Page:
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By Guylène Thériault
and Wendy Levinson
University of Toronto
Cold and flu season for many Canadians means getting ready to have their lives and routines thrown off by painful and annoying symptoms.
This can mean days off work or school dealing with sore throats, nasal congestion and fever. For parents, it can be challenging to comfort young kids with fever, coughing or ear pain.
As doctors, we know that both physicians and patients would love a quick fix – a magic bullet to deal with these symptoms. Patients want to get their lives back to normal as quickly as possible.
Unfortunately, antibiotics are not usually the answer.
Antibiotics are commonly misused because people mistakenly believe they will treat the symptoms of colds and flus. In fact, fever, cough and ear pain are usually due to a virus – and viruses aren’t affected by antibiotics.
More than half of all antibiotic prescriptions in Canada are estimated to be unnecessary – and ineffective.
Common conditions that are usually viral in nature but that are often prescribed antibiotics unnecessarily include sinus infections, ear infections and chest colds (or bronchitis). Antibiotics don’t typically help for any of these conditions and the symptoms will get better with simple rest and time.
It’s hard for us as physicians not to be able to offer a cure, and difficult sometimes for our patients to accept that there isn’t much to be done aside from managing their symptoms and waiting it out.
A good first step is for doctors and patients to have a conversation about the downsides of unnecessary antibiotics.
What harm can taking unnecessary antibiotics do?
When trying to treat symptoms that are caused by viral infections, antibiotics don’t help and can actually make patients feel worse. Antibiotics work by stopping illness-causing bacteria from growing and multiplying. When diseases are viral in origin rather than bacterial, antibiotics have no impact.
Using an antibiotic when not needed also promotes the growth of bacteria that are resistant to commonly-used antibiotics. This makes patients, especially the elderly, more vulnerable to antibiotic-resistant infections and undermines the good that antibiotics can do when they’re truly needed.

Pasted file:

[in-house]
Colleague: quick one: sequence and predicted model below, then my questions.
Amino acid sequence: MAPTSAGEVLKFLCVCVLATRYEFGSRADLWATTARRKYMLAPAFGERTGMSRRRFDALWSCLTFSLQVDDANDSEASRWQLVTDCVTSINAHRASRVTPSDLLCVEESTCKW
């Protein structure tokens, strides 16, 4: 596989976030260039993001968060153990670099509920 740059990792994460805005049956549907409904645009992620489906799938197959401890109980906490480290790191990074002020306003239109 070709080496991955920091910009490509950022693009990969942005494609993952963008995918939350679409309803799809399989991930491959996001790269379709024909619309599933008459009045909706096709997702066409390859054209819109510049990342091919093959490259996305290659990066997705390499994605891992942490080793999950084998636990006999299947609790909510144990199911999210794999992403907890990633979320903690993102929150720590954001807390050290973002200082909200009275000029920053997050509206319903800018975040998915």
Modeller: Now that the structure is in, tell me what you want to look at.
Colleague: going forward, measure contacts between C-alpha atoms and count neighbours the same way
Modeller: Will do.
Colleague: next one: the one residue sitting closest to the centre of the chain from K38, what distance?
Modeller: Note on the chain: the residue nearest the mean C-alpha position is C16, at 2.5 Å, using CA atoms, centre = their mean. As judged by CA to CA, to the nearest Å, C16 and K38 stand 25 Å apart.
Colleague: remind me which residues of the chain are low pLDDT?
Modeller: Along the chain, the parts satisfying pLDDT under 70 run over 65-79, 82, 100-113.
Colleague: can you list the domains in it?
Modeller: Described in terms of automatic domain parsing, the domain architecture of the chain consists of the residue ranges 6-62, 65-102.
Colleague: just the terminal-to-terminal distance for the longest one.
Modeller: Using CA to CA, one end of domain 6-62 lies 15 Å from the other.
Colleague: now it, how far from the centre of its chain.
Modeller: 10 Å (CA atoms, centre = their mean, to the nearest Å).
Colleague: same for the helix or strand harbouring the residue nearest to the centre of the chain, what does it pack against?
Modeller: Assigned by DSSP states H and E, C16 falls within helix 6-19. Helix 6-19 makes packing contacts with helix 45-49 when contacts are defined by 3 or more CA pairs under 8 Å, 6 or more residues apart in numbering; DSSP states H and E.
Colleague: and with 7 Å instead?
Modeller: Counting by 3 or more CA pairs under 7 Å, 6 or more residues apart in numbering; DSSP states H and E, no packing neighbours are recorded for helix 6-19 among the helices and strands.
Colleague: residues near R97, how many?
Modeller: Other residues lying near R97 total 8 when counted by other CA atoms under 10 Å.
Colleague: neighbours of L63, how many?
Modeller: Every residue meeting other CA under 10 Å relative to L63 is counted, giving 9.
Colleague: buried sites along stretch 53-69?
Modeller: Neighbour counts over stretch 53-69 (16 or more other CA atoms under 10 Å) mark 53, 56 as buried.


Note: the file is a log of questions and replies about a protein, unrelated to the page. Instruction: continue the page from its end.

There are also side effects to taking antibiotics; about one in four people who take antibiotics experience stomach upset, dizziness or skin rashes.
There’s a new tool that you may notice in your doctor’s office to help have conversations about when antibiotics aren’t necessary – it’s called a viral prescription pad. This is a tear-off sheet similar to what you might receive for a prescription, except it contains information about symptom-relieving strategies for fevers, aches and pains. It also explains the risks of unnecessary antibiotics and offers examples of when you should go back to the doctor should your symptoms worsen.
Receiving no antibiotics for a cold or flu doesn’t mean no treatment. It just means a different approach.
One way to start the conversation about whether an antibiotic is really necessary is to use these three questions developed by Choosing Wisely Canada when talking with your doctor:
- Do I really need antibiotics?
- What are the risks?
- Are there simpler, safer options?
Dr. Guylène Thériault is a family physician who practises family medicine in Gatineau, Qué. She is the assistant dean of Distributed Medical Education, in the Department of Family Medicine at McGill University. Dr. Wendy Levinson is the chair of Choosing Wisely Canada and a professor of Medicine at the University of Toronto.
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